Nazi Vino


The French, the Nazis, & the Battle

for France's Greatest Treasure

By Don & Petie Kladstrup

Broadway Books -- 279pp -- $24

Wine writing often falls into flowery descriptions of sun-drenched vineyards where everything looks pretty and tastes nice. That's a pity. Properly examined, wine opens a fascinating window on social and economic history, with stories of family conflicts, money, and power. From its title, Wine & War looked like an attempt to meet this higher standard, promising a realistic, gritty narrative. But it fails, due to charmless writing and historical mythologizing.

Co-authors Don and Petie Kladstrup, a husband-and-wife team, focus on a dramatic period: the German invasion and occupation of France from 1940 through 1944. Their narrative considers the fate of five famed French winegrowing families in five different wine regions: the Hugels in Alsace, the Huets in the Loire Valley, the de Nonacourts in Champagne, the Drouhins in Burgundy, and the Miaihles in Bordeaux. The Kladstrups live in France and know the territory.

When the story begins, the French wine world is already reeling. As the Kladstrups write, "the years between the First and Second World Wars had brought mostly misery to winemakers who suffered through a string of horrible vintages--and not just because of the weather." Once the destruction of World War I had been cleaned up, the Great Depression forced down prices and even the best growers struggled to make ends meet.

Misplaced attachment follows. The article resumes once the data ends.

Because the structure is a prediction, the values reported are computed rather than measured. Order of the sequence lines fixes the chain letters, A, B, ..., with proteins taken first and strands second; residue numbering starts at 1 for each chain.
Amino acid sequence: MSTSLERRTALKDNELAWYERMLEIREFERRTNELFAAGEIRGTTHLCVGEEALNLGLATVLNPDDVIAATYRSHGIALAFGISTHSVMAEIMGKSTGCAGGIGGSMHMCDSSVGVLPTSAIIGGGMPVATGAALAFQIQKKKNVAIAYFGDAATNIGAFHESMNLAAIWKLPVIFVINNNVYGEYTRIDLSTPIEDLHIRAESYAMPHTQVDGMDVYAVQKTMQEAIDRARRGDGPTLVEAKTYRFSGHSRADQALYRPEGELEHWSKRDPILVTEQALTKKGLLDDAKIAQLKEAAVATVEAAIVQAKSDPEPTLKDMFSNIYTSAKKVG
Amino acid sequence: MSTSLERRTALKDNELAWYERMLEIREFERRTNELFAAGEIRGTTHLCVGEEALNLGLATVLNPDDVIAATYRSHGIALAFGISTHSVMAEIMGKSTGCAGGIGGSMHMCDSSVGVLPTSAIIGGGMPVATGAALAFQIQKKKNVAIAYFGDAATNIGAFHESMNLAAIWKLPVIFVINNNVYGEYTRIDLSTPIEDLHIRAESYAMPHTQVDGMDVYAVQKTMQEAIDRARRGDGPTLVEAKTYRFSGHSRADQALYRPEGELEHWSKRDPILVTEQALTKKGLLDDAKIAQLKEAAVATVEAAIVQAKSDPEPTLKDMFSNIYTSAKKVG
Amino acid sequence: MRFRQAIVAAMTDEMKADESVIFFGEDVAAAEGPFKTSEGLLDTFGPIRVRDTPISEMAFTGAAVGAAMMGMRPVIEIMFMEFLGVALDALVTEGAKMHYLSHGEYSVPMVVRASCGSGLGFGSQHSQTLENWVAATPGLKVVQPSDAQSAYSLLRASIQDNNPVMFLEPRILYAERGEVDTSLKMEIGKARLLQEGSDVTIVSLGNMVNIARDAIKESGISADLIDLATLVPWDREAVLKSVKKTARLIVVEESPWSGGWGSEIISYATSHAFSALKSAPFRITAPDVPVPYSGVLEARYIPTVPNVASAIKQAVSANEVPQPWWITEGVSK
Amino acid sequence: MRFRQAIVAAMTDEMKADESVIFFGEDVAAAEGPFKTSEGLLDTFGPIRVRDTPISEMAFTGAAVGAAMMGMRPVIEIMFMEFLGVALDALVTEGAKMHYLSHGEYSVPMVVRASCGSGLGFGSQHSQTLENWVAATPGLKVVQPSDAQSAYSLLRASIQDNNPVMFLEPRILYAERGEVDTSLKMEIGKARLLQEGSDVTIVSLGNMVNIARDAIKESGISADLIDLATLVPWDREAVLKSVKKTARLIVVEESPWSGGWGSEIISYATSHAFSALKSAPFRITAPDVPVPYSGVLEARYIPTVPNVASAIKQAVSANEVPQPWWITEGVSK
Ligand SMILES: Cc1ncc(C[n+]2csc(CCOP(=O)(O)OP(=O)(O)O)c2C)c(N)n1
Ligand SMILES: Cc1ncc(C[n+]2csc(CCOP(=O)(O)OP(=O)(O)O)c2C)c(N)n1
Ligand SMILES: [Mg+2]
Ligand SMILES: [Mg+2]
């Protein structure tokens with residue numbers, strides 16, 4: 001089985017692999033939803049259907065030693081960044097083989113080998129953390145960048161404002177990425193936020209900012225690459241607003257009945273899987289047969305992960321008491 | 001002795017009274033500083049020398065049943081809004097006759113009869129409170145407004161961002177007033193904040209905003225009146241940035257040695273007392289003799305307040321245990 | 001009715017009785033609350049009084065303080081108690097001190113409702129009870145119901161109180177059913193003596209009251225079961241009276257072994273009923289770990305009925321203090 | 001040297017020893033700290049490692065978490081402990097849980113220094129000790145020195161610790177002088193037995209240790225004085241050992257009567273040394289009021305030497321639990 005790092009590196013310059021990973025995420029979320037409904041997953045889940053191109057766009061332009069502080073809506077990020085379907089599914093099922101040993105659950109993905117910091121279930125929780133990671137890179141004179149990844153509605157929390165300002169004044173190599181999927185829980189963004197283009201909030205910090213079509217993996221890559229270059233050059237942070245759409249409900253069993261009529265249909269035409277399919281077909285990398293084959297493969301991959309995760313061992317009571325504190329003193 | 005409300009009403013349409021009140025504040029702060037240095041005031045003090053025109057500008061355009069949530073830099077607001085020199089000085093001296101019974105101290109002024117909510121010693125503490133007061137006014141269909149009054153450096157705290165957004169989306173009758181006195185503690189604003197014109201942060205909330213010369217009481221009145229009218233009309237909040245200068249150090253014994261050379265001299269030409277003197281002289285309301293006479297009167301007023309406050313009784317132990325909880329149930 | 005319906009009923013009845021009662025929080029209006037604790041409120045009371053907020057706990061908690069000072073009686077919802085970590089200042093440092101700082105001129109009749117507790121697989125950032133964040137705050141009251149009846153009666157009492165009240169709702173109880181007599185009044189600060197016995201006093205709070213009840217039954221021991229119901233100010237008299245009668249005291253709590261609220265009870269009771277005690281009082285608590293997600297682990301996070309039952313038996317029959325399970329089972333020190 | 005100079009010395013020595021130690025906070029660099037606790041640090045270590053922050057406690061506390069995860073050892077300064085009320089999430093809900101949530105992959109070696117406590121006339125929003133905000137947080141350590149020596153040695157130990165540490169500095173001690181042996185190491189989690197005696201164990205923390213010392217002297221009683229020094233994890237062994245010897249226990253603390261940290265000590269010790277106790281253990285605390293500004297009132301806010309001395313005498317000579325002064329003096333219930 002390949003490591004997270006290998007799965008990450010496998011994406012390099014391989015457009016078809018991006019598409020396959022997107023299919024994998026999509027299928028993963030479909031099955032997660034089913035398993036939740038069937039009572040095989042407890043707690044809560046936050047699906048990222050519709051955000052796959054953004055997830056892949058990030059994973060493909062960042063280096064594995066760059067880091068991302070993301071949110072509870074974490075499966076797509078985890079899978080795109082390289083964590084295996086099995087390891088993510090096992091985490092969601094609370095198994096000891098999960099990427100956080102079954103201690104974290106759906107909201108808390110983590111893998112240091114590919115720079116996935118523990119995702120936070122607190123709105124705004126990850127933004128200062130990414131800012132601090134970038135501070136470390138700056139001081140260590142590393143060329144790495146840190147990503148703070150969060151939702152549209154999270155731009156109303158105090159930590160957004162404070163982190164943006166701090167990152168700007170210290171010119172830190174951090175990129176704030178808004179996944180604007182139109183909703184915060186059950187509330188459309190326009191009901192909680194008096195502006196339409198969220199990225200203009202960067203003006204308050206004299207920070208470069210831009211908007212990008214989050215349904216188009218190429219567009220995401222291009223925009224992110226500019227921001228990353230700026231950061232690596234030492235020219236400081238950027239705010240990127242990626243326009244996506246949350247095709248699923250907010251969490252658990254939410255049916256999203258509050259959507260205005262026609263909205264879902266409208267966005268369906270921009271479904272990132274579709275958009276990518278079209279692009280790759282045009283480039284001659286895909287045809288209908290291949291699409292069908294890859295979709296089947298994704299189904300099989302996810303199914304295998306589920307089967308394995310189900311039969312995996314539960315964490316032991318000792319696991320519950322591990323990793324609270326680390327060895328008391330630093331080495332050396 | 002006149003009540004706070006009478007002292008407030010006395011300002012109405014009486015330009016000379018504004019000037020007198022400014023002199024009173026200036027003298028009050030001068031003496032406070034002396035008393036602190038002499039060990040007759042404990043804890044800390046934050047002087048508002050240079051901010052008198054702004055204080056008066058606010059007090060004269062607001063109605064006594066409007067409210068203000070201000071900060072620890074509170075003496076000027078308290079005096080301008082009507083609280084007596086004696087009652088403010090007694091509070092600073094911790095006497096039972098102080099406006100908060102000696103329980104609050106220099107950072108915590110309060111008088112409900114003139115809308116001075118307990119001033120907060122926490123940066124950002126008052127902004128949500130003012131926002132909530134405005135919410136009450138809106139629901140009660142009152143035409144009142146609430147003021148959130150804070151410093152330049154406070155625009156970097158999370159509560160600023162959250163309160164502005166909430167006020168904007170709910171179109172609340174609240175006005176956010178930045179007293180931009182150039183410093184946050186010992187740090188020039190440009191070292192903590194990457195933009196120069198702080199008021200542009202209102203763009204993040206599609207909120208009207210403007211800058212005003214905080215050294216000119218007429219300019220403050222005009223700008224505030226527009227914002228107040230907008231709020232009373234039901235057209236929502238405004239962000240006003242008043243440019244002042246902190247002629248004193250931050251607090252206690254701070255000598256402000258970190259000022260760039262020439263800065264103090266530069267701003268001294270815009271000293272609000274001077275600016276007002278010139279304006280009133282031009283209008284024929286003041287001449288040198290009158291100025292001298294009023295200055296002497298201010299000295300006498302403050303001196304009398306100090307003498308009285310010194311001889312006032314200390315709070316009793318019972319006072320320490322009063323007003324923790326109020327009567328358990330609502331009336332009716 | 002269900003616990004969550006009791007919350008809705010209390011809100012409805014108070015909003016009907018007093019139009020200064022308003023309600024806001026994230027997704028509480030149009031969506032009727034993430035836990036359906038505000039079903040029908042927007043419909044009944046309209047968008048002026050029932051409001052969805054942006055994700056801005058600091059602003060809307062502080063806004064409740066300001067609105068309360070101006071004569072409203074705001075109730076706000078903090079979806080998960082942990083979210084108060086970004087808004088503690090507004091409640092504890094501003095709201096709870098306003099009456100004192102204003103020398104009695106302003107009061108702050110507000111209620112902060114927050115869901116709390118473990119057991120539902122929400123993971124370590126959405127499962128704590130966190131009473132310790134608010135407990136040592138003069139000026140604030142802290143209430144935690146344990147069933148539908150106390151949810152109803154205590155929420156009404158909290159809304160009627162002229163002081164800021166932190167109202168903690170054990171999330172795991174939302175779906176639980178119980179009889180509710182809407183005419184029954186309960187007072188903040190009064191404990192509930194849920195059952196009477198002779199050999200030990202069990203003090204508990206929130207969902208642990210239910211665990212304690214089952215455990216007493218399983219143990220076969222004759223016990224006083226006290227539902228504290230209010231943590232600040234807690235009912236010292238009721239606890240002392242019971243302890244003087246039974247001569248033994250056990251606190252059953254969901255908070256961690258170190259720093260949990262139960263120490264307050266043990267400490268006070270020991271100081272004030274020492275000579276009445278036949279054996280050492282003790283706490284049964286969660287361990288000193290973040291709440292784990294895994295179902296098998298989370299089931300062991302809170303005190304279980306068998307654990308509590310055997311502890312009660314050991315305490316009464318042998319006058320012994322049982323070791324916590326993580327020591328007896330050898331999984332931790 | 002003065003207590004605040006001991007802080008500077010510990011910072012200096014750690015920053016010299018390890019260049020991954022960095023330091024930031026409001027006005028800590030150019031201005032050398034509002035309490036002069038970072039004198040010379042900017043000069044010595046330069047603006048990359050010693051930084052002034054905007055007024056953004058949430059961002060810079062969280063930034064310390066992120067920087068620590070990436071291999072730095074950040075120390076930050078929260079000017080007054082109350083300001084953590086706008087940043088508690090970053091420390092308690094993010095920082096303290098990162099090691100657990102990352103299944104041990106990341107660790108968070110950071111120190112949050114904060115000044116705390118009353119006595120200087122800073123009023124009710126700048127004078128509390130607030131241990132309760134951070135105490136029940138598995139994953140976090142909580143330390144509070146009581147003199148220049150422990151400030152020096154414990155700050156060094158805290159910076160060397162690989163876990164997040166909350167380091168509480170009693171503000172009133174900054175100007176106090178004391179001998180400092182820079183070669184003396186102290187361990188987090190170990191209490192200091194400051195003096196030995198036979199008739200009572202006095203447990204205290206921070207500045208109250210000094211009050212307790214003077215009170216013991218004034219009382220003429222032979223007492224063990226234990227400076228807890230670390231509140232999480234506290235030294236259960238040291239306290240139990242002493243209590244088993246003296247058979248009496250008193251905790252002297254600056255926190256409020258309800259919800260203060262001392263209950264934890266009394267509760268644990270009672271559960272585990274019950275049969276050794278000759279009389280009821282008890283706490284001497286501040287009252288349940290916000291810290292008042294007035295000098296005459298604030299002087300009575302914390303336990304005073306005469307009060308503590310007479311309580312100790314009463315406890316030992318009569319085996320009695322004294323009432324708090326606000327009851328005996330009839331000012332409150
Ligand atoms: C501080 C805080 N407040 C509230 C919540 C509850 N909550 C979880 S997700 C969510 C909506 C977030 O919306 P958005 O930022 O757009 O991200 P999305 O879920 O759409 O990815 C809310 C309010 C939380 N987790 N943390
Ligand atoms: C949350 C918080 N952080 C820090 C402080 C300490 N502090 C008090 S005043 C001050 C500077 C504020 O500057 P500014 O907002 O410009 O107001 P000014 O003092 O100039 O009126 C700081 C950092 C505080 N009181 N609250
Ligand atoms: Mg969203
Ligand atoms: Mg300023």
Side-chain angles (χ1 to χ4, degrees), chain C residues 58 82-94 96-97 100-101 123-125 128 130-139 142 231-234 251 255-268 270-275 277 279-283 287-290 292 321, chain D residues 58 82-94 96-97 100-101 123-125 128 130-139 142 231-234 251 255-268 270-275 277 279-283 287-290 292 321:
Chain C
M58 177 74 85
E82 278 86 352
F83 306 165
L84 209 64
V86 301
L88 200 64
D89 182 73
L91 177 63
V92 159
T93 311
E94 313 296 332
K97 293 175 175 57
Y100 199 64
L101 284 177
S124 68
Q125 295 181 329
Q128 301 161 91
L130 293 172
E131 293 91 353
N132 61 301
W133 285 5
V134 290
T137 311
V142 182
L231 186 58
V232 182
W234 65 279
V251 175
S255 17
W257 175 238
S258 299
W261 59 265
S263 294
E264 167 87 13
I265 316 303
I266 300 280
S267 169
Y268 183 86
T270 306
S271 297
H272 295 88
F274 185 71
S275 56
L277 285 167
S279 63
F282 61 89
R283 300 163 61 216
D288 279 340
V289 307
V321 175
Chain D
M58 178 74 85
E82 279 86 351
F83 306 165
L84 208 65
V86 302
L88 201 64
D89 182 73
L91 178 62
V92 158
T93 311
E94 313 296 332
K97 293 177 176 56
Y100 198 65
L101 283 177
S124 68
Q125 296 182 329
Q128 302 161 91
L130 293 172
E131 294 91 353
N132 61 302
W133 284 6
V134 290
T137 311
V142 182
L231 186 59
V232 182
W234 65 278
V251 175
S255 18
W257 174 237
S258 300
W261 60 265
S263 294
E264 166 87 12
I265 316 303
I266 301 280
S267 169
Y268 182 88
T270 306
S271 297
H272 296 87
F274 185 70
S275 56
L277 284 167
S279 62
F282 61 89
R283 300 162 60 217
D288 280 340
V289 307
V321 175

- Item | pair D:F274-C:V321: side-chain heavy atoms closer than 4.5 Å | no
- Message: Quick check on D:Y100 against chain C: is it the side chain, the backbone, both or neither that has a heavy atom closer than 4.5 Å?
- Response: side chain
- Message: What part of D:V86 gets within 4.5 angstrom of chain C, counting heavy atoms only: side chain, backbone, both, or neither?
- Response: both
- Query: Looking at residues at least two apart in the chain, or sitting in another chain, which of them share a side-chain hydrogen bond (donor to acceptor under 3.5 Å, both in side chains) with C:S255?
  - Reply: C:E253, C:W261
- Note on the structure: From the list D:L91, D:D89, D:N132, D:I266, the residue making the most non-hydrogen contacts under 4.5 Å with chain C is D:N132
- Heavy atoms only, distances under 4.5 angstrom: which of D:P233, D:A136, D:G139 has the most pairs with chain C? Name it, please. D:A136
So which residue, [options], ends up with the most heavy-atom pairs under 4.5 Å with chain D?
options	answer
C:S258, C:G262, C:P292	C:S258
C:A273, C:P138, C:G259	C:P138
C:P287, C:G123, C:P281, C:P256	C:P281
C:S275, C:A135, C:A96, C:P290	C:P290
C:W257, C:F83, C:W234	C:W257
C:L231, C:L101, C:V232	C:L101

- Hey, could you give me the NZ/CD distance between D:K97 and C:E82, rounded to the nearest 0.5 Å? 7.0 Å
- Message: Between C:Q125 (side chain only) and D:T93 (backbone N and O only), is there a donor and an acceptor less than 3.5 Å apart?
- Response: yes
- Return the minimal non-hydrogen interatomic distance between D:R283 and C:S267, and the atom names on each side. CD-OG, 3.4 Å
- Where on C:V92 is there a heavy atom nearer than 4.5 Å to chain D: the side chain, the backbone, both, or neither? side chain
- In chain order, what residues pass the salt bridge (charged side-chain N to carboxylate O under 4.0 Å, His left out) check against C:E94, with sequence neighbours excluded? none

Under German occupation, the situation worsened. The invading Nazis pillaged cellars. American and British markets were closed off. Eventually, the Germans dispatched weinführers to oversee the French wine trade. The authors are good at describing the complex relationships between the Germans and the growers, who needed German markets to survive but often felt bullied and cheated on price.

Unfortunately, the Kladstrups' narrative jumps about, and their writing is marred by hackneyed phrases: "World War II was the defining moment of those who would run France's vineyards." Worse, the story is billed as "the remarkable untold story of France's courageous, clever vintners who protected and rescued the country's most treasured commodity from German plunder during World War II." Despite many stories of Resistance-minded winegrowers, the conclusion isn't supported. Most modern scholarship holds that the vast majority of French vintners collaborated with the Germans.

Only near the end of the book, on page 205, do the Kladstrups turn to the case of Bordeaux' most prominent wine merchant, Louis Eschenauer, who after the war was convicted of collaboration, jailed, and stripped of all citizenship rights. The authors' love of French wine seems to have almost blinded them to the fact that their heroes were, more often than not, simply frightened businessmen willing to trade their souls to sell a few bottles.

By William Echikson

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